Melissa Vanek

It is not what I want for the river, it is what I want for us. I want us humans to be as wise, as generous, and as loving and as the river. The river generously moves nutrients to flood plains to provide us with fertile grounds for growing food and has since our relationship first began. The river provides habitat for many animals that are also food for us, and if not us, for other animals who we may hunt later for food. The river moves through our life bringing joy, nourishment, surprise, food, and comfort, just like a family or friend. Our lives are so intertwined with the river and the river’s health, truly is an indicator of our health. I want humans to be healthy. If the river is truly healthy and abundant with life and we allow the wisdom of the river to speak to us, we will be healthy.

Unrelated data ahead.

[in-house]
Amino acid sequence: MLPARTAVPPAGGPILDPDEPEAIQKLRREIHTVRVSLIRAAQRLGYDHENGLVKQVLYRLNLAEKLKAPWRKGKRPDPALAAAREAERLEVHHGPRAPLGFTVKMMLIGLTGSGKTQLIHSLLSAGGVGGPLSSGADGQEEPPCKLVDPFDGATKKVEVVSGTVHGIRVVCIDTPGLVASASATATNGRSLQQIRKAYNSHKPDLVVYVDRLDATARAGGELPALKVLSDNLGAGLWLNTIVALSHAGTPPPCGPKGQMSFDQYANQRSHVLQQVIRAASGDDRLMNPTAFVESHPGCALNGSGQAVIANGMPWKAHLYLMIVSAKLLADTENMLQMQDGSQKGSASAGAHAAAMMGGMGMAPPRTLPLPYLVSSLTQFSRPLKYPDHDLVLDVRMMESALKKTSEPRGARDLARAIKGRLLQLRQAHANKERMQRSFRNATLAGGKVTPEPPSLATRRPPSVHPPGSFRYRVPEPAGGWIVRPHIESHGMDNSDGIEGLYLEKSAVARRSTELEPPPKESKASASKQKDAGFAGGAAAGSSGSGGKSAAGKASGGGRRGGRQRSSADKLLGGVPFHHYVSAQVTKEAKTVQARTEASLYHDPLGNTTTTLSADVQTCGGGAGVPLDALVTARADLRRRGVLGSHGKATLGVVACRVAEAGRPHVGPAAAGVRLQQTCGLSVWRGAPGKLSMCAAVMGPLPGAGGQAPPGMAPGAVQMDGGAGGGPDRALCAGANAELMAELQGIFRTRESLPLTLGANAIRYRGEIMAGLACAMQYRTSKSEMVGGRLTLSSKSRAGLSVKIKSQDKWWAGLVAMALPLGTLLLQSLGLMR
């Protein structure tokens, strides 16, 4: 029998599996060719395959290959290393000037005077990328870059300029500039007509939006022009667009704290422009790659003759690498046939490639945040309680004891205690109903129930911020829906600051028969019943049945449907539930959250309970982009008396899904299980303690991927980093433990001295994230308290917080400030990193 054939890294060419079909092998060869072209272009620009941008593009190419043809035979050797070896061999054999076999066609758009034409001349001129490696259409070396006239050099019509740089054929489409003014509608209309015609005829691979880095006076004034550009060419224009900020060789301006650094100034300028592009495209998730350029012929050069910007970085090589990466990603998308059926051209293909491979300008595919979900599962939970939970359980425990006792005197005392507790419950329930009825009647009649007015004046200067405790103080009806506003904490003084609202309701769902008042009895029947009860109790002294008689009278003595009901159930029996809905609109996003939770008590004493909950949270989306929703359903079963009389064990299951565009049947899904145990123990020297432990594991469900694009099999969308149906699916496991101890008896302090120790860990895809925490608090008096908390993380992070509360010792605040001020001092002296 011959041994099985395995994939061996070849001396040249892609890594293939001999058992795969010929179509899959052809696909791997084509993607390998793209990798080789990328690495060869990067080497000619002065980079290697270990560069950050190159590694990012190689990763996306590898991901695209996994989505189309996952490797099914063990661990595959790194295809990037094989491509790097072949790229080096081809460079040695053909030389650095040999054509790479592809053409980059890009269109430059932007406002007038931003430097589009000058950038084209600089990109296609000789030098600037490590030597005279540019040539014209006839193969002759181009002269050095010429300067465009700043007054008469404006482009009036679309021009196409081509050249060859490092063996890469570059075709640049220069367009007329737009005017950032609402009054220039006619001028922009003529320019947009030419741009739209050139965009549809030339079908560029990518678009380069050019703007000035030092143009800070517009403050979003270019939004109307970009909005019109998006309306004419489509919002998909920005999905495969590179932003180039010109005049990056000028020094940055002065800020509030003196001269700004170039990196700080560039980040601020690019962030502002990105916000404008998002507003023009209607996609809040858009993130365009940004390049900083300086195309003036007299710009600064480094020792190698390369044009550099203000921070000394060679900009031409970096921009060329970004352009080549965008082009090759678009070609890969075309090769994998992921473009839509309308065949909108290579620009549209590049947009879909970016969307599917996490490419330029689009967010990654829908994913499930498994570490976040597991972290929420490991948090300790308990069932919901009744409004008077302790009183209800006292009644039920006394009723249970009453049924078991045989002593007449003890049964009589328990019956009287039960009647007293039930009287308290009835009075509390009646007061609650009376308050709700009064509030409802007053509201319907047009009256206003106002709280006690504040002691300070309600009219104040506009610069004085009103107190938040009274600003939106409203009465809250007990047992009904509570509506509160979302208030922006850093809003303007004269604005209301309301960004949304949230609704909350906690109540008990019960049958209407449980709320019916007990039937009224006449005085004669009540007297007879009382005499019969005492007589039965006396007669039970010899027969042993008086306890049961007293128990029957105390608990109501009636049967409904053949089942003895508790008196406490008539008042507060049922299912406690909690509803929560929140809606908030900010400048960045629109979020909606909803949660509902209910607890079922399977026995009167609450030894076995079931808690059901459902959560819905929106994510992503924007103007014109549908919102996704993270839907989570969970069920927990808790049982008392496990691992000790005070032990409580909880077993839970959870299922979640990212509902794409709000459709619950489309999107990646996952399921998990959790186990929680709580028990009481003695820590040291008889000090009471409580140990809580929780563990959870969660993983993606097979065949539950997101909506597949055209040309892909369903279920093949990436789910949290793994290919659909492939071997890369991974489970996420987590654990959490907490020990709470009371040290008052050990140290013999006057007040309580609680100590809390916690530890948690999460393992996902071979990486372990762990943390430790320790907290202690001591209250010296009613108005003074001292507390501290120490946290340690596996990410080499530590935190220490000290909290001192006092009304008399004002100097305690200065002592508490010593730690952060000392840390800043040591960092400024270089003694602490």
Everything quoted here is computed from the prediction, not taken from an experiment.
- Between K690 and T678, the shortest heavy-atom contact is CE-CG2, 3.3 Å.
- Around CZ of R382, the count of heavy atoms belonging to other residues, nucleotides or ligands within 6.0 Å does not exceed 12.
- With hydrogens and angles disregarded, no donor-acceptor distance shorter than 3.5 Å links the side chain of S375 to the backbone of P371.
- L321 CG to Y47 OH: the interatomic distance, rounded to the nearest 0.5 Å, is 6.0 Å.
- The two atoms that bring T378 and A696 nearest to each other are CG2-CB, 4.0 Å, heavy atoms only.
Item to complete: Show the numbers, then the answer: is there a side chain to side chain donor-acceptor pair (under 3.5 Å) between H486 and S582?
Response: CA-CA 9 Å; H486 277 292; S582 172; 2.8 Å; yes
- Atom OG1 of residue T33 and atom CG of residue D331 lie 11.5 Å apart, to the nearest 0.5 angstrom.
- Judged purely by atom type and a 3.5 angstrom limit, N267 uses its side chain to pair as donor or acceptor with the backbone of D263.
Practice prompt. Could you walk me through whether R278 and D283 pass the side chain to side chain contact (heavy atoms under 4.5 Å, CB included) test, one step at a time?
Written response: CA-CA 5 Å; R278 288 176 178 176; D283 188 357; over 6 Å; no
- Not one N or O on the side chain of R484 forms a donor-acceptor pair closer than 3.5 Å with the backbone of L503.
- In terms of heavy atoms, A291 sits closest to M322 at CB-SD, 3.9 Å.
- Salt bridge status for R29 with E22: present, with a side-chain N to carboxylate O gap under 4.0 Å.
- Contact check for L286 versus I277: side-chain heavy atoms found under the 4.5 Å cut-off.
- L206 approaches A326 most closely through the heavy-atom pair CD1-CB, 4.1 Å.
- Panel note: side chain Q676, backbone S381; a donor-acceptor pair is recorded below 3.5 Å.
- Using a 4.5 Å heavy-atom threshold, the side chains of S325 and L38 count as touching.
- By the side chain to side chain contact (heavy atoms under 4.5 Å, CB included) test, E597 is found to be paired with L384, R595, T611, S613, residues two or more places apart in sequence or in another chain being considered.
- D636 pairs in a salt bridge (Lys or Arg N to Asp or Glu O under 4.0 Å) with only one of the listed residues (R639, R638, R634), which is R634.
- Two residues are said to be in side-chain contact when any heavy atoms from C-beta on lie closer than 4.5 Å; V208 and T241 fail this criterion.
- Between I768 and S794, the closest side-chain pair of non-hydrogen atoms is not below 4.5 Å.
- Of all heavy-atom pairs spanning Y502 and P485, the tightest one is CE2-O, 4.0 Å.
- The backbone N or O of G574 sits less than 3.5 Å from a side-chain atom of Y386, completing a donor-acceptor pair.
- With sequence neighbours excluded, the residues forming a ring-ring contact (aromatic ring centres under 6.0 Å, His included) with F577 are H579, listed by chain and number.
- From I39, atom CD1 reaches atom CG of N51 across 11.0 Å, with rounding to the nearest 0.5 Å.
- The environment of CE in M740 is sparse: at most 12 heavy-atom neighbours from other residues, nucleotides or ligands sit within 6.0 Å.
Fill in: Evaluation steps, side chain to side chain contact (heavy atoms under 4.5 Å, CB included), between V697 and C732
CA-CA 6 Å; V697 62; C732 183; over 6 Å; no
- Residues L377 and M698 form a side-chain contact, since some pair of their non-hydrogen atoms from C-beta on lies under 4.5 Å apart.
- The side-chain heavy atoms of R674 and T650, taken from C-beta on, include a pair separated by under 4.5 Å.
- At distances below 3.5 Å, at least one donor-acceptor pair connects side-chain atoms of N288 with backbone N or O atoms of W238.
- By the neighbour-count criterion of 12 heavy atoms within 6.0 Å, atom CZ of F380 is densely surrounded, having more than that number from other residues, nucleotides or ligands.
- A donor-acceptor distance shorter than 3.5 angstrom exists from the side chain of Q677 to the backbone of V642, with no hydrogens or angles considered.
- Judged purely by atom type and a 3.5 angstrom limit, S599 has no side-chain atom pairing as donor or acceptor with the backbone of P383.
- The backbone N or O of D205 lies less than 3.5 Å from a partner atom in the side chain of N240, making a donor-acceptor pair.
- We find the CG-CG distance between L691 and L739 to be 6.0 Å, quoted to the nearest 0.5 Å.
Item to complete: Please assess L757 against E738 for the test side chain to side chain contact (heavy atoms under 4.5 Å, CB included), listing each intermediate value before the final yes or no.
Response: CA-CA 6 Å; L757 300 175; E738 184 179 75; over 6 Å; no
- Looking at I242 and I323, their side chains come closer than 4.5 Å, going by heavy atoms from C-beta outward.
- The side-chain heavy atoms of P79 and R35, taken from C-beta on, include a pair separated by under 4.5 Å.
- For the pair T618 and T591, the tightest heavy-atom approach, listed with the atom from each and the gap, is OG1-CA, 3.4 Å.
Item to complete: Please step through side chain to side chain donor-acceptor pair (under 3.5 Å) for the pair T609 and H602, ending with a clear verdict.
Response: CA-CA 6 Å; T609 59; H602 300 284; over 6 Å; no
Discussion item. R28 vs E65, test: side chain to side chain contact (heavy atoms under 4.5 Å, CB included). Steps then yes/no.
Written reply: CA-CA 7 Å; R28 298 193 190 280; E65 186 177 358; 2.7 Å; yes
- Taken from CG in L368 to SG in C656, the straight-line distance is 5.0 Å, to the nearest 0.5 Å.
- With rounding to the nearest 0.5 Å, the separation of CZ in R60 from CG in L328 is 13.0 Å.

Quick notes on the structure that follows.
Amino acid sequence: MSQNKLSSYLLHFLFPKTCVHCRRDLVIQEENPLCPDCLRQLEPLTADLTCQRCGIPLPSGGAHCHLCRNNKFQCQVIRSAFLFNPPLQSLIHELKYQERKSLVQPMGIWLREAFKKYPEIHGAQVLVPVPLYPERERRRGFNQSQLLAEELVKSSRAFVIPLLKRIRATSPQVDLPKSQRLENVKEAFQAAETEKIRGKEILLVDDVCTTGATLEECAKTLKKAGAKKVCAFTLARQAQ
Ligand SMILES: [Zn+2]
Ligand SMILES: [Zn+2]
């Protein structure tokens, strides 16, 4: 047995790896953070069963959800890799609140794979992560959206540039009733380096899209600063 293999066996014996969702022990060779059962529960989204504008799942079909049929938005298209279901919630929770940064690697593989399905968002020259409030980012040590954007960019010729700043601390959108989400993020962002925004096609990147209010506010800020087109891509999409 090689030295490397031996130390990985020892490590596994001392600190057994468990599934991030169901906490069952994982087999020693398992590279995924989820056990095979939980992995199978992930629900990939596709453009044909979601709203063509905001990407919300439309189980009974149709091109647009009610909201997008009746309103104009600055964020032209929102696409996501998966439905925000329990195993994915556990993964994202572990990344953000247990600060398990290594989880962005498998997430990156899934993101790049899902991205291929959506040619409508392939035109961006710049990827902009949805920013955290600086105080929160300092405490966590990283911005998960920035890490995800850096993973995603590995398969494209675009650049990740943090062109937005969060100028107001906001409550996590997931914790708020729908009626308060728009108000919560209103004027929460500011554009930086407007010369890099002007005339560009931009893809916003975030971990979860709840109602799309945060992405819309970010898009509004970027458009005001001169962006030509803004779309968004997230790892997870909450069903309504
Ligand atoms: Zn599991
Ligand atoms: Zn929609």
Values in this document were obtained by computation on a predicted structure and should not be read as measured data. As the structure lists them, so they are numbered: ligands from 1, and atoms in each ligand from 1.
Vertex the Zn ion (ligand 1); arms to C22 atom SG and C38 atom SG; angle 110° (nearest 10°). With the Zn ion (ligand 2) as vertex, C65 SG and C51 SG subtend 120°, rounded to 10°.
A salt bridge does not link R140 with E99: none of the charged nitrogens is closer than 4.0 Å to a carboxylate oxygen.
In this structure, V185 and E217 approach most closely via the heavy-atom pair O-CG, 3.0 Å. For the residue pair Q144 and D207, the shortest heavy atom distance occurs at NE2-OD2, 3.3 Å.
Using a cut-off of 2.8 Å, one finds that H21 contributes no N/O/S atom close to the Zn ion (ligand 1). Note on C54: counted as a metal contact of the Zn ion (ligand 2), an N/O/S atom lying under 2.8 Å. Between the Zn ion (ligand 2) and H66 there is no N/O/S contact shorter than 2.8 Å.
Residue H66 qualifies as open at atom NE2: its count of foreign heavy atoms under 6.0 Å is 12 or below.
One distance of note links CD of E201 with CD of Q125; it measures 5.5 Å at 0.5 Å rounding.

June 1st, 2021

Tom Mosakowski, Brattleboro resident

Hello

I would like to share the perspective that:
-since the Connecticut River once was the ecological lifeblood of our region and could be again if restored,
-since hydropower need not be in the form of dams in order to restart/kickstart the electrical grid and to rapidly ramp electricity generation up and down,
-since solar and wind electricity generation can, and nearly always does, occupy sites with vastly less ecological importance and productivity than dams, and
-since the cost of solar and wind electricity generation is currently comparable to the cost of hydropower and will continue to decline;

all dams on the mainstem of the Connecticut River should be phased out, the Northfield Mountain facility should be retained, and, if needed, additional pumped storage facilities should be developed.

Thank you for considering.

February 12th, 2021